Theatre

The Irish Times - Friday - The Ticket - - CRITICS’ CHOICE | 33 -

SARA KEAT­ING

Or­son Welles’ Christ­mas Carol NewTheatre, Tem­ple Bar, Un­til Dec 14; Whale Theatre, Grey­stones, Dec 19 On Christ­mas Eve 1938, en­ter­tain­ment mav­er­ick Or­son Welles gath­ered a com­pany of ac­tors to­gether at the Campbell Play­house in New York for a live record­ing of Charles Dick­ens’s A Christ­mas Carol. The pre­vi­ous year Welles had sent the US into a panic with his ra­dio broad­cast of HG Wells’s The War of the Worlds. For this sea­sonal spe­cial, he in­vited Lionel Bar­ry­more to play Ebenezer Scrooge, a role he was al­ready fa­mil­iar with on the stage. Welles was both di­rec­tor and com­pere for the pro­duc­tion: in the recorded tran­script he in­tro­duces the story as the world’s “favourite fic­tional chron­i­cle of what Christ­mas is, and what Christ­mas means to all the sim­ple peo­ple of the Earth”, while also pay­ing homage to the soup that spon­sored the broad­cast­ing.

About­Face Theatre has taken Welles’s pro­duc­tion as a start­ing point for its new “ra­dio play within a play” pro­duc­tion. Or­son Welles’s Christ­mas Carol opens in the 10 min­utes be­fore the com­pany goes on air, and noth­ing is go­ing smoothly. Bar­ry­more is sick, the script isn’t fin­ished and Welles – known for his leg­endary tantrums – is on the ram­page. Di­rec­tor Kath­leen Warner Yeates presents Paul Nu­gent’s play in tra­di­tional 1930’s ra­dio style, with live sound effects and a bit of ad-lib­bing. Nu­gent him­self plays the am­bi­tious ac­tor-man­ager with the fa­mous bari­tone, and Bar­ry­more: well, will he re­cover in time to play the lead? And will the au­di­ence ever get to hear a faith­ful ver­sion of Dick­ens’s “im­mor­tal story”?

Driv­ing Home for Christ­mas

Lyric Theatre, Belfast, Un­til Jan 4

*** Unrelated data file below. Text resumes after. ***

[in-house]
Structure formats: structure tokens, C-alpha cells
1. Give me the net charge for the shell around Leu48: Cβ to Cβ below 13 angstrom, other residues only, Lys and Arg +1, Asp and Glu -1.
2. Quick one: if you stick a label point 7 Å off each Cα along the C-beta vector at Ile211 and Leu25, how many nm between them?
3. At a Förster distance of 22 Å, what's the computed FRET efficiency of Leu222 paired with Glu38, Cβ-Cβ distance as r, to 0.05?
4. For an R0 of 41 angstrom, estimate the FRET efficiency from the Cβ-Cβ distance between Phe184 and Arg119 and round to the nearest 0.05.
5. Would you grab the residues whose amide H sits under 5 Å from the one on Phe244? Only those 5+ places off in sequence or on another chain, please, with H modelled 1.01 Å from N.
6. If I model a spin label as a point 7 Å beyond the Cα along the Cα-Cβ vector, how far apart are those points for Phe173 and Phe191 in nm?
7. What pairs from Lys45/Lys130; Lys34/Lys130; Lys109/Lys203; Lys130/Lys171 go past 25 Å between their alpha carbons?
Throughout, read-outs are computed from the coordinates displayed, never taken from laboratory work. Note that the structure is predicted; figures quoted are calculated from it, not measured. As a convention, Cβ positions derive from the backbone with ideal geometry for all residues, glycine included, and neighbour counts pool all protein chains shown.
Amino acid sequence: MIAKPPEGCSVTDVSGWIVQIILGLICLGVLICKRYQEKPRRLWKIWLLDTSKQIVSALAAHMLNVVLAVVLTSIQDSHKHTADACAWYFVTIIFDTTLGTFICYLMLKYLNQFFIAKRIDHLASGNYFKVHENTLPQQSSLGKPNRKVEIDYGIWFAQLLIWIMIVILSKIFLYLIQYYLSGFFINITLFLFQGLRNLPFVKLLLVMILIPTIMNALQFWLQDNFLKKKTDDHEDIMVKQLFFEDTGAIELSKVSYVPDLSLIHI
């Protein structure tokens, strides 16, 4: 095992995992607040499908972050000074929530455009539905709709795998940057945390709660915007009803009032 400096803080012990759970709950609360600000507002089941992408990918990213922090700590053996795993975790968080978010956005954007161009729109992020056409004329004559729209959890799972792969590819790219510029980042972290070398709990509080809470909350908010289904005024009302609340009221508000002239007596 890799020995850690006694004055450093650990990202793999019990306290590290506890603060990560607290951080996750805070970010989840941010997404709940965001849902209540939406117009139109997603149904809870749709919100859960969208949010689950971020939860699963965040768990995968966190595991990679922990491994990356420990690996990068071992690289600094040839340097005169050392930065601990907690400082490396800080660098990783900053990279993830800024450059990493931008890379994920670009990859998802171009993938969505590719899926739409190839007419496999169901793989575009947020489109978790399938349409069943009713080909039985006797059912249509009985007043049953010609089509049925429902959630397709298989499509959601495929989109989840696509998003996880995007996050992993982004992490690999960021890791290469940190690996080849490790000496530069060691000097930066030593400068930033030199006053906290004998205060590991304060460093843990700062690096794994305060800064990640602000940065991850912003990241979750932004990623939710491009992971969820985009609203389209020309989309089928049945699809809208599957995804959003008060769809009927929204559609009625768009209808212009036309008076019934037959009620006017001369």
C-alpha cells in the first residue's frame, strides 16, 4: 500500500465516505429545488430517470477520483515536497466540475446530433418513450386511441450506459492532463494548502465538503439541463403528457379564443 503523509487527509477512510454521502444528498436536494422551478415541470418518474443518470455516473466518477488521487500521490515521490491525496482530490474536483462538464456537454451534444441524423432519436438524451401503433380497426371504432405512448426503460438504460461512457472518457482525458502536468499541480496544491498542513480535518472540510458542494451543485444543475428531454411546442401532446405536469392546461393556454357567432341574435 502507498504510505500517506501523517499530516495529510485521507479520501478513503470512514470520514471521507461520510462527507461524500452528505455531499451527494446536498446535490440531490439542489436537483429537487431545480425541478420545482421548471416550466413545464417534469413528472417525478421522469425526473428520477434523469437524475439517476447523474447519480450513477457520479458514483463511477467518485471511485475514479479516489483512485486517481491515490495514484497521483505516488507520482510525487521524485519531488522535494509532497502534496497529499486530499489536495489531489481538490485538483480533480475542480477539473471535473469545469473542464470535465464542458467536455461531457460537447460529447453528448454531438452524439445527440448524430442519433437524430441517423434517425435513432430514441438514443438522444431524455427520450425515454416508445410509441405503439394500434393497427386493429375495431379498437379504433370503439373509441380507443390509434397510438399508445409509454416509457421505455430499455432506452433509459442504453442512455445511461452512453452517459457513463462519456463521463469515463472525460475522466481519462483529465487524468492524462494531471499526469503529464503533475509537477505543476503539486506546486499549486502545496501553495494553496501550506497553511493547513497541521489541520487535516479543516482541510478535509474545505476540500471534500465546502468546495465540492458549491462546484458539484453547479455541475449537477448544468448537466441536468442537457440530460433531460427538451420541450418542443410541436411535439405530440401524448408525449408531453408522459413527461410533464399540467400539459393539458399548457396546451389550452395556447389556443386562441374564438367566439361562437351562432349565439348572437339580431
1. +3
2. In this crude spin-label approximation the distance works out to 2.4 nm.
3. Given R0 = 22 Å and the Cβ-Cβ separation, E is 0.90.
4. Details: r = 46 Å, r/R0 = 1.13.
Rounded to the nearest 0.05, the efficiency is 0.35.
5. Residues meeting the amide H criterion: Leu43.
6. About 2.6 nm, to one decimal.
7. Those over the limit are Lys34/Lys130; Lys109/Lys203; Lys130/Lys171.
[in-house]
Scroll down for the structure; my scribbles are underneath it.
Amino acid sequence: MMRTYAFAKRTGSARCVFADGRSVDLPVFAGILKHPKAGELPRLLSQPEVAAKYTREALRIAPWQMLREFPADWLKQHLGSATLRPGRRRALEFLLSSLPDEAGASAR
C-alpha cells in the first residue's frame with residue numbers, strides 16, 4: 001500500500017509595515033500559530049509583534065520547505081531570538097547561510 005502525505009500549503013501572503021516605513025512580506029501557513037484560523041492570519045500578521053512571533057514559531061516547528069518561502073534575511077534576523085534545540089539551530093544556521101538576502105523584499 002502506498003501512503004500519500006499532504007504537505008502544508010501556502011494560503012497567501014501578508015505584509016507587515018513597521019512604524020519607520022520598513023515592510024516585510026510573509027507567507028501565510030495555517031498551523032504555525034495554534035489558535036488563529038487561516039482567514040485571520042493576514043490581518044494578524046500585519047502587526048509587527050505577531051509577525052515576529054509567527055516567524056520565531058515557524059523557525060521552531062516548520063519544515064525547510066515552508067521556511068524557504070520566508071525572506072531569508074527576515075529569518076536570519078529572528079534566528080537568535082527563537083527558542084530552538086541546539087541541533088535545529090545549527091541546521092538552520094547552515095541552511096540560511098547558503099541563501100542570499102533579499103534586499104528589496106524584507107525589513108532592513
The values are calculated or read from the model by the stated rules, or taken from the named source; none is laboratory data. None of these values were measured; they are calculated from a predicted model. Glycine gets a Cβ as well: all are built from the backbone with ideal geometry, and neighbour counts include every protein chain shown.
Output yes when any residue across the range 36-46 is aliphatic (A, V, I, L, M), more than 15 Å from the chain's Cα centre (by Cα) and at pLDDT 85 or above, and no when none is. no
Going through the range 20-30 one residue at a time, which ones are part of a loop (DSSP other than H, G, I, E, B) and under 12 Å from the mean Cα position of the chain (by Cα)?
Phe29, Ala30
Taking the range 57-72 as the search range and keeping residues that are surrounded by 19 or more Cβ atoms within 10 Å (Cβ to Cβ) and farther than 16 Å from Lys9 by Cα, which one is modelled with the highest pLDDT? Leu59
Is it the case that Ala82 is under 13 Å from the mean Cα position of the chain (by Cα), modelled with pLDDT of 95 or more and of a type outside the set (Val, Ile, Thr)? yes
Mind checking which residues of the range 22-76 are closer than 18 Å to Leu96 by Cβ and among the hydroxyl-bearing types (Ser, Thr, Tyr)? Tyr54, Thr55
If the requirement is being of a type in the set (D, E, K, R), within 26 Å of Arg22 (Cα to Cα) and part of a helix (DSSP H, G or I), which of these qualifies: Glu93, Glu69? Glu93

It has been 20 years since co­me­di­ans Conor Grimes and Alan McKee wrote their first Christ­mas show for the Lyric Theatre. That play, Plucked and Stuffed, was a type of pan­tomime for adults, with an out­ra­geous take on sea­sonal fes­tiv­i­ties and plenty of per­ti­nent po­lit­i­cal jokes. These days the comic duo have both a pop­u­lar TV pro­file (BBC’s The Vis­i­tors and Mo­tor Mouth) and an es­tab­lished writ­ing ca­reer (The History of the Trou­bles Ac­cordin’ to My Da), but their Christ­mas show at the Lyric has be­come an an­nual tra­di­tion, show­cas­ing both their scriptwrit­ing nous and their per­for­mance skills. In Driv­ing Home for Christ­mas they take on the lead roles of Frank and Paddy, two of the trav­ellers ma­rooned in the Dan­der Inn on Christ­mas Eve. The pub lays claim to be­ing the high­est in the Sper­rin Moun­tains, but when a snow­storm strands a group of five drinkers at the pub overnight, they have nei­ther wifi cov­er­age nor phone re­cep­tion. What are they to do, then, but talk about the meaning of Christ­mas? Di­rected by Frankie Mc­Caf­ferty. Ac­tors Ruby Campbell, Gary Crossan, Rod McKee and Ali White join Grimes and McKee to make an al­ter­na­tive holy fam­ily that hopes to have even tra­di­tion­al­ists rolling in the aisles with laugh­ter.

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